Clarence Eckerson at StreetFilms presents this provocative conversation between Mark Gorton, executive director of the Open Planning Project, and Randy Cohen, author of The Ethicist column in the New York Times Magazine and occasional commentator for NPR. As shown in this interview, Cohen is also an intelligent and articulate voice for Livable Streets.
I'm typically wary of ethical/moral arguments against car culture. Certainly there is a personal responsibility argument to make against non-conscious automobility. However, bicyclists win few friends with a self-righteous posture. Our project is to push public officials for more comprehensive, inclusive, sustainable, and community-centered transportation systems. We shouldn't simply be scolds.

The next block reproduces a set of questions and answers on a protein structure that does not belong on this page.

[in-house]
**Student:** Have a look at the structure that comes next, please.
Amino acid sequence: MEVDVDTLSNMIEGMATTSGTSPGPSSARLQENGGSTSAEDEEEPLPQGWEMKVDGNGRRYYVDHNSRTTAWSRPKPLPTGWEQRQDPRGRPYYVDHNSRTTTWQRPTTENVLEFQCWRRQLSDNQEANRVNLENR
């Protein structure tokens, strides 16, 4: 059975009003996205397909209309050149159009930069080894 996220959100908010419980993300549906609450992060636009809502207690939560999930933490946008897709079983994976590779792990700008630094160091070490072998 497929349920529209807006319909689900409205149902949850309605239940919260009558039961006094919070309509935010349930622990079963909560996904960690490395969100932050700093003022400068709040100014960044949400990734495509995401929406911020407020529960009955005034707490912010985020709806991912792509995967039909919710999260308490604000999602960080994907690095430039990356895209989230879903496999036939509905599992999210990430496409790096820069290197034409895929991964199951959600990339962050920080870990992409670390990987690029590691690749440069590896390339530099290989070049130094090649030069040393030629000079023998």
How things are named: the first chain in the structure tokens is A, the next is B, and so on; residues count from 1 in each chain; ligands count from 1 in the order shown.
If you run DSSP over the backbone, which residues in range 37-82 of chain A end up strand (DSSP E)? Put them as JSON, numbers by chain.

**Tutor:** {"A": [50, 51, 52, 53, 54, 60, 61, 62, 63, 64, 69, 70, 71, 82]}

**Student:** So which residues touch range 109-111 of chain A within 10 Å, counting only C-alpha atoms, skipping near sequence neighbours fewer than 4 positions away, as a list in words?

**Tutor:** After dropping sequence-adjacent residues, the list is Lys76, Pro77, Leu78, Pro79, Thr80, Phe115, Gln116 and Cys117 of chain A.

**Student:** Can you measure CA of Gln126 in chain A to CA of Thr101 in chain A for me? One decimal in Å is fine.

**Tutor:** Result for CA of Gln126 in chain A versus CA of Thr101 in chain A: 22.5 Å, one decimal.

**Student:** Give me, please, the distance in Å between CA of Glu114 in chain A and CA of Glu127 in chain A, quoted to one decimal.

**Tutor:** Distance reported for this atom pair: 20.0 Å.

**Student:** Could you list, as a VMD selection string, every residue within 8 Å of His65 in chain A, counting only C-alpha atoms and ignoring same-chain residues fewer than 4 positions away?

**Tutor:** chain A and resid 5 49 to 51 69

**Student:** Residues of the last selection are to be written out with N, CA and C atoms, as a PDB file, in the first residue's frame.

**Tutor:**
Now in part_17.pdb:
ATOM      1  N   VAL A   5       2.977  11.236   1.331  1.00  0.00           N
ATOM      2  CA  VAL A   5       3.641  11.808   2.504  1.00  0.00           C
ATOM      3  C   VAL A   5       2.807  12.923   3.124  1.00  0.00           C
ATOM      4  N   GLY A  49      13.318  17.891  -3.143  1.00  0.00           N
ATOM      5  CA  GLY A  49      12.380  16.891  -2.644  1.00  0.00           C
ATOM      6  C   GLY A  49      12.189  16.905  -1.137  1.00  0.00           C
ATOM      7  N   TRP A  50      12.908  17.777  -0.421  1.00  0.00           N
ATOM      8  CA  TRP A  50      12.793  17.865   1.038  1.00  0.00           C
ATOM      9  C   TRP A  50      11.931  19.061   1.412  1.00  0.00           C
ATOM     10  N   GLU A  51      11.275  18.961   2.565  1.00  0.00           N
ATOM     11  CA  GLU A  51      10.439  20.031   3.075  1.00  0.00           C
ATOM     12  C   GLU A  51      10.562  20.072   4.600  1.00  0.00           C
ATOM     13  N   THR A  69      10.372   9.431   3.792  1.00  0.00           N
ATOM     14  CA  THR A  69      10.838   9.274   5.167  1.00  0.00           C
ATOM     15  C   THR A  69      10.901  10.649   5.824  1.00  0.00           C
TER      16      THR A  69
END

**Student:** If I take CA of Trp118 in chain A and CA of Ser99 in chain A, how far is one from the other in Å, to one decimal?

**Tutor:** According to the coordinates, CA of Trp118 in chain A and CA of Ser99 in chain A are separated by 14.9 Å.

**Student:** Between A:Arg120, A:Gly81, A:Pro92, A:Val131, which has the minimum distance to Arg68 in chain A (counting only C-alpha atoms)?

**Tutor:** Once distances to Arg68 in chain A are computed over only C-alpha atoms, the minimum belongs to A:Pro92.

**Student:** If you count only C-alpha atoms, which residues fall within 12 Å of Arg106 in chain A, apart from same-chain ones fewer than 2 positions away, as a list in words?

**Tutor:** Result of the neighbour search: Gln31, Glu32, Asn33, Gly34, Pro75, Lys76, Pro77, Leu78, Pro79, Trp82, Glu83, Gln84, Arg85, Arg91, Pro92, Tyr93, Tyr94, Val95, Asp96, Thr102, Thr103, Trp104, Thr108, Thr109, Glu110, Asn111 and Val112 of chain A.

Most Americans don't wake up and say "I think I'll pollute the air, endanger children and seniors, deposit toxic residue, create noise, consume petroleum, contribute to global climate change..." No, most Americans wake up and say "I'm off to work." And thanks to decades of automobile-centric government policies, they have few reasonable choices but to drive. Transforming the priorities of transportation policy is our political project.
This interview is provocative, without plunging into off-putting moralism. Cohen suggests that policy-makers have the primary ethical responsibility to favor community over private interests. And there's a great segment illustrating the rampant criminal abuse of public parking privileges by New York City officials.
Visit: Paul Dorn's Bike Commuting Tips
Friday, November 30, 2007
Posted by Paul Dorn at 7:17 PM